In the present paper some of them are enumerated and the remains shall be published in near future after finishing their identification.
    The writer wishes to express his hearty thanks to the late Dr. K. Togashi, Yokohama National University for his valuable suggestions and kind guidance, and grateful acknowledgments are due to Prof. S. Akai, Prof. H. Asuyama and Prof. M. Nagai for the permission of free useing literatures. He is also indebted to Mr. S. Katsuki, Agr. Improv. Sect. Fukuoka Pref. Gov't. for his kind assistance in identification.
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  • H. YOSHII
    1953 Volume 17 Issue 3-4 Pages 124-128
    Published: July 31, 1953
    Released: April 21, 2009
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    In order to research the influence of cephalothecin upon the secretion of some carbohydrases by the blast fungus, Piricularia oryzae CAV. cultural experiments were carried out using Tochinai and Nakano's synthetic nutrient solution, with addition of Biotin (15-20mr/1cc.) and vitamin B1 (15-20γ/1cc.).
    In the solutions. cephalothecin was added at strengths of 1: 5-164. half of the lots was provided with one of the carbohydrates, including sucrose. maltose, soluble starch and cellulose and another half lacked. After 10-days culture at 25°C, determinations of reducing sugars were made upon the cultured solutions.
    When the fungus was cultured in cephalothecin solutions with carbohydates, there were increase in dry weight of mycelial mat, and decrease in weight of non-reducing sugars, as against the solutions without any carbohydrate. The differences are shown as M and S respectively. The ratio S: M is temporarily called as the relative secretion value.
    When sucrose is supplied as the carbon source, the ratio S: M is highest at the concentration of 1:20 cephalothecin (of. table 5). Such secretions as of sucrase by the fungus may be called sucrase-type. Maltase also belongs to this type.
    In the solution containing soluble starch, the value is maximum at the concentration of 1:40 cephalothecin. These phases, which are quite different from those in sucrase-type, may be named amylase-type.
    No cellulose was utilized by the fungus in the presence of cephalothecin. This, together with other carbohydrates-emulsin, inulinase, lactase, mannase, pectinase and xylanase-may be included in cellulase-type.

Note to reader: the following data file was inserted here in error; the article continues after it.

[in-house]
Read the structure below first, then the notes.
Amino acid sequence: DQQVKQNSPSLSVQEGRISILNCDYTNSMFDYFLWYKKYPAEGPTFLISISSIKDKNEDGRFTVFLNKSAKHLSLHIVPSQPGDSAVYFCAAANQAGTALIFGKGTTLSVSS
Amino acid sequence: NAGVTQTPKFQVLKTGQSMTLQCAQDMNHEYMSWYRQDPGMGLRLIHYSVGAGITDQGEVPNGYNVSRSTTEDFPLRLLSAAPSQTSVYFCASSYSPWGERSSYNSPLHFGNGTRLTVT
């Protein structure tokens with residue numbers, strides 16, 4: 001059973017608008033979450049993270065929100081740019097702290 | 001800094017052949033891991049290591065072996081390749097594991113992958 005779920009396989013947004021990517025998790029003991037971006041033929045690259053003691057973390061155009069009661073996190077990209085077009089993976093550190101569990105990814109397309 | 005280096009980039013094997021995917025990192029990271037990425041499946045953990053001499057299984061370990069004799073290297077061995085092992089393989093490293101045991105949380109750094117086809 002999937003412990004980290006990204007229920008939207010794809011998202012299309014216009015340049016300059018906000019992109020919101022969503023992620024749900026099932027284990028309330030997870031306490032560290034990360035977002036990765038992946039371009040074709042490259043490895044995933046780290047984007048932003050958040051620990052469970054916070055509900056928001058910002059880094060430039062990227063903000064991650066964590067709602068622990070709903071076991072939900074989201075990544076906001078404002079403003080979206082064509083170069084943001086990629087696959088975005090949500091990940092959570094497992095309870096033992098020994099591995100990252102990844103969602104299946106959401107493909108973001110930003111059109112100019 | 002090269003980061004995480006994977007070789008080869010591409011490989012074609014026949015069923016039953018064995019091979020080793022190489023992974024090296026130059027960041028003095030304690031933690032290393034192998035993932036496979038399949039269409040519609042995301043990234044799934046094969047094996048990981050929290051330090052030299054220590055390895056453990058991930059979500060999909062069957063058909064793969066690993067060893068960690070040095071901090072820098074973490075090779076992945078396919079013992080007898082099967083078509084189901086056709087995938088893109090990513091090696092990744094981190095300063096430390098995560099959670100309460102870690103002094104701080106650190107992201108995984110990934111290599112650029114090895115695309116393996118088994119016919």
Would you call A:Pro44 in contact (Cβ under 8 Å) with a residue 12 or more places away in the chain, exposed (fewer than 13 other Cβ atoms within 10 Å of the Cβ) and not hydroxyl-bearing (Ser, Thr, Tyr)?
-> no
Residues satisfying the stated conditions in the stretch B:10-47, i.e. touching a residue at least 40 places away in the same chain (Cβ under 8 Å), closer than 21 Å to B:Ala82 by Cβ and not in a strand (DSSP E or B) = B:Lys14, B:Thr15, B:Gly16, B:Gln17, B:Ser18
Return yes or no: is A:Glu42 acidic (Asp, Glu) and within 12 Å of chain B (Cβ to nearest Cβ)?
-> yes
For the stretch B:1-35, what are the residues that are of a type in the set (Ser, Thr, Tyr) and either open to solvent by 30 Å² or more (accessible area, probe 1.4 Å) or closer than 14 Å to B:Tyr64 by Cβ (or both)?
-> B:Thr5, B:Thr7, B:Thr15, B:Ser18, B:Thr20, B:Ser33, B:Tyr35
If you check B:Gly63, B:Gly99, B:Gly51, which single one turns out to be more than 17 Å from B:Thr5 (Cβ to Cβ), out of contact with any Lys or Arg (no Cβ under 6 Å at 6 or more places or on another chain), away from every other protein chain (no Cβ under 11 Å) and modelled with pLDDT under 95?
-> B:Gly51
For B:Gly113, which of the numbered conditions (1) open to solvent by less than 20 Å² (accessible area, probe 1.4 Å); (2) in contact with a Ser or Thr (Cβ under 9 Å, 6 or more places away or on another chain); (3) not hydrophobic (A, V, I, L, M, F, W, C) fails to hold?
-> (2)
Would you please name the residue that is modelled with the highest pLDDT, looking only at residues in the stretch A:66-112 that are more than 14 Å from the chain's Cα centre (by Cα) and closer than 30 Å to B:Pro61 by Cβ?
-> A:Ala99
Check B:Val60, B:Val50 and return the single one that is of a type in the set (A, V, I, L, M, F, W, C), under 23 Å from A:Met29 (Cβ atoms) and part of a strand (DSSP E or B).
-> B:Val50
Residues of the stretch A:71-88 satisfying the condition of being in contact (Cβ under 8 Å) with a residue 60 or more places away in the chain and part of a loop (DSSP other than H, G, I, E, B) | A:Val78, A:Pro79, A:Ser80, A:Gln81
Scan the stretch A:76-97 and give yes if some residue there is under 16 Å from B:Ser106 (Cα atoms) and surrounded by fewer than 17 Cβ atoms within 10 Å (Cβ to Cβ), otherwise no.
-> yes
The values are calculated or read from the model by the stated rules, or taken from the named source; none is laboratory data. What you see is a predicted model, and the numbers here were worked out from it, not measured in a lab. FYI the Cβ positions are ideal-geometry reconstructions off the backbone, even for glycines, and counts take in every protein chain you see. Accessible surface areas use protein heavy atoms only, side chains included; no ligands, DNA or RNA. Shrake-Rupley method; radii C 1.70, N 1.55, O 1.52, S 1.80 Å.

The relative secretion value (S:M) shows the amount of the carbohydrate consumed by the fungus to increase 1mg. of the mycelium in dry weight. Accordingly, for the consumption of 1 mg. of sucrose or soluble starch, the increase in dry weight of mycelium is to be far less in 1:20 or 1:40 solution of cephalothecin than either in 1:80-160 or in the check solution, In 1:5-10 solutions, the growth of the fungus is extremely poor. Thus, the phases of S:M suggests certain connection between the fungus's secretion of carbahydrases under the influence of cephalothecin and the resistance to blast disease of the rice plant treated with cephalothecin.
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  • Y. AKAISHI, A. SEKIGUCHI
    1953 Volume 17 Issue 3-4 Pages 129-132
    Published: July 31, 1953
    Released: April 21, 2009
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    The isolation of the pathogene was performed in July of 1952. In the coursh of this work, we noticed several microbes antagonistic to the parasites and selected five lines (A, B, C, D and E) which showed higher antagonistic activities. Theiractivities were higher in order of C, D, A, B and E.
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  • Kozo KUNIEEDA
    1953 Volume 17 Issue 3-4 Pages 133-136
    Published: July 31, 1953
    Released: April 21, 2009
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    The present paper reported the results of experiments on the varietal resistance of eggplants to the bacterial wilt disease caused by Pseudomonas solanacearum, using two varieties, Daisen Maru No. 2 (susceptible) and Durable Shinkuro (resistant). From the morphological observations, the writer found cicatrice around the affected parts of eggplants. There were no essential differences, in these morphological barriers between the two varieties used.